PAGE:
As you know, I’ve pulled out my “loving your neighbors” project and am once again hard at work writing about how everyday people are living out “the golden rule.”
Today’s thought: Loving your neighbor sometimes means, literally, just loving your neighbor. Not donating time or money or labor. Just love.
This week, I watched a great documentary called Paper Clips, about a middle school in Whitwell, TN that took on a project to learn about the Holocaust. What started as a simple lesson turned into an international feel-good sensation, and changed the lives of an entire rural community forever.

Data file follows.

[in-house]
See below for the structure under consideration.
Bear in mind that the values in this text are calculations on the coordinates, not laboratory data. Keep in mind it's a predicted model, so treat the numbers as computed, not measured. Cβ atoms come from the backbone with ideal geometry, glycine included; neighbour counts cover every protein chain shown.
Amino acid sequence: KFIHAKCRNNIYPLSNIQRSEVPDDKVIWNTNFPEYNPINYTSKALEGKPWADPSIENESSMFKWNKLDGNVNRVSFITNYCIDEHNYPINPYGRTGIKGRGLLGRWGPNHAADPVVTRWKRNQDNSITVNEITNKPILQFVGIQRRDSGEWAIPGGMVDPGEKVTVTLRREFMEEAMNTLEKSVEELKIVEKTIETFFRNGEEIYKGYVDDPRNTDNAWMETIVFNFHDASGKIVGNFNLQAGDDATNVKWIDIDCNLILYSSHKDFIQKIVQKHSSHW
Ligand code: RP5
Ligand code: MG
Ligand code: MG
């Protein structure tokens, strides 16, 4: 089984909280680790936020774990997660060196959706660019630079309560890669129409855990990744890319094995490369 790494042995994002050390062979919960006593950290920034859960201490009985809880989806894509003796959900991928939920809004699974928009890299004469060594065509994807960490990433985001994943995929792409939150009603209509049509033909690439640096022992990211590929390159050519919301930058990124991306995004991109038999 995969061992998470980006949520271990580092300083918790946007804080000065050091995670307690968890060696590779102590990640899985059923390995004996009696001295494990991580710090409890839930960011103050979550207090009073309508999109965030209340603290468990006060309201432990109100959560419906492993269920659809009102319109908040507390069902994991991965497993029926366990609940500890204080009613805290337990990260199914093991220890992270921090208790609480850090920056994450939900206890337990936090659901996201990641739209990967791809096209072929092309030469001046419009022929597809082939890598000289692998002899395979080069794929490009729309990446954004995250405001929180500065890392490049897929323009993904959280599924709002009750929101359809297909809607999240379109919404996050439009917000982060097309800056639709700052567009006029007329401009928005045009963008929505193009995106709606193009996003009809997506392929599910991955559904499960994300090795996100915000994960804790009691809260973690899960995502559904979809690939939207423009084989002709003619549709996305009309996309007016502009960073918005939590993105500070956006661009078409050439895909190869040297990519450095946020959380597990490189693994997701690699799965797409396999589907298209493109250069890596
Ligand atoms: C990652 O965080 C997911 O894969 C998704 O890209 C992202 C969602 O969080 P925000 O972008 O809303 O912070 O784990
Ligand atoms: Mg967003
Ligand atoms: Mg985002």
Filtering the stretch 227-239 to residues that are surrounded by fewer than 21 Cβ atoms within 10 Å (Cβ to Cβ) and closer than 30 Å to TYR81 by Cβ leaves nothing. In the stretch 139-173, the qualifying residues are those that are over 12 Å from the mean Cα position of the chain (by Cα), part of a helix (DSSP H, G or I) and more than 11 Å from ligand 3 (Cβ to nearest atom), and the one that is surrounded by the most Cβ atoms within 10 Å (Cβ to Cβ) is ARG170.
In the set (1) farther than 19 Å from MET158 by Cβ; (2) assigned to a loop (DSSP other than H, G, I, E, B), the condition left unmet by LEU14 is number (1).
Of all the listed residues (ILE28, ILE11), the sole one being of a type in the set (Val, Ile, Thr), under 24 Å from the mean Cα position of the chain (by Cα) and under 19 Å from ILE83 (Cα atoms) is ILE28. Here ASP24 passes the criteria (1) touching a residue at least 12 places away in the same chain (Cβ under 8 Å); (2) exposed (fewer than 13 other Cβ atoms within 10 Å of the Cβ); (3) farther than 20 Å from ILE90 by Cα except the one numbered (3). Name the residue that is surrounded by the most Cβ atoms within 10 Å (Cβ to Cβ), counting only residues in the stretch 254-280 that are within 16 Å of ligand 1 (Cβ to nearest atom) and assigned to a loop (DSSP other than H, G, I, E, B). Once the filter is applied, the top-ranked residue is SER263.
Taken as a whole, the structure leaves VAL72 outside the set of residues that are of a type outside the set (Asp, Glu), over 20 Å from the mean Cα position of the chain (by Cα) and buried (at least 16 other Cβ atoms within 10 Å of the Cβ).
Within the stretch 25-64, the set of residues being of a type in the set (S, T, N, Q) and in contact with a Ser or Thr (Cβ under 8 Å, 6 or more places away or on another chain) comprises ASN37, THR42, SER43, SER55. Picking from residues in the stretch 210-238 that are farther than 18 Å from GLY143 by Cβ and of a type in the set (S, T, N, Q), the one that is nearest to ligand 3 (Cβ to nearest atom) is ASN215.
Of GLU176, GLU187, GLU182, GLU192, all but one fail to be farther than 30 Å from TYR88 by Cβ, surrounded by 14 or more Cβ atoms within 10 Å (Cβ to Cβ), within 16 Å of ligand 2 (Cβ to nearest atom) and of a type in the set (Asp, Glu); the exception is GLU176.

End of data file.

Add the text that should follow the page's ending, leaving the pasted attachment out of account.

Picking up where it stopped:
The project involved more than 24 million paper clips, letters from Holocaust survivors and their families, German journalists, and an actual railway car used at a concentration camp. Plus a bunch of wide-eyed, open minded middle schoolers and their teachers and families.
After the documentary was over, I started thinking … and then what happened? It’s been 10 years since that first Holocaust studies group; where are the kids? How did that project change their life? How did they go on to change the world?
As I make notes and lists of interviews, stories I want to follow up on, and possible places to visit as I research, this story is at the top of the list. If you’re having a snow day today, head to Netflix.com and watch “Paper Clips”. It’ll brighten your day, for sure.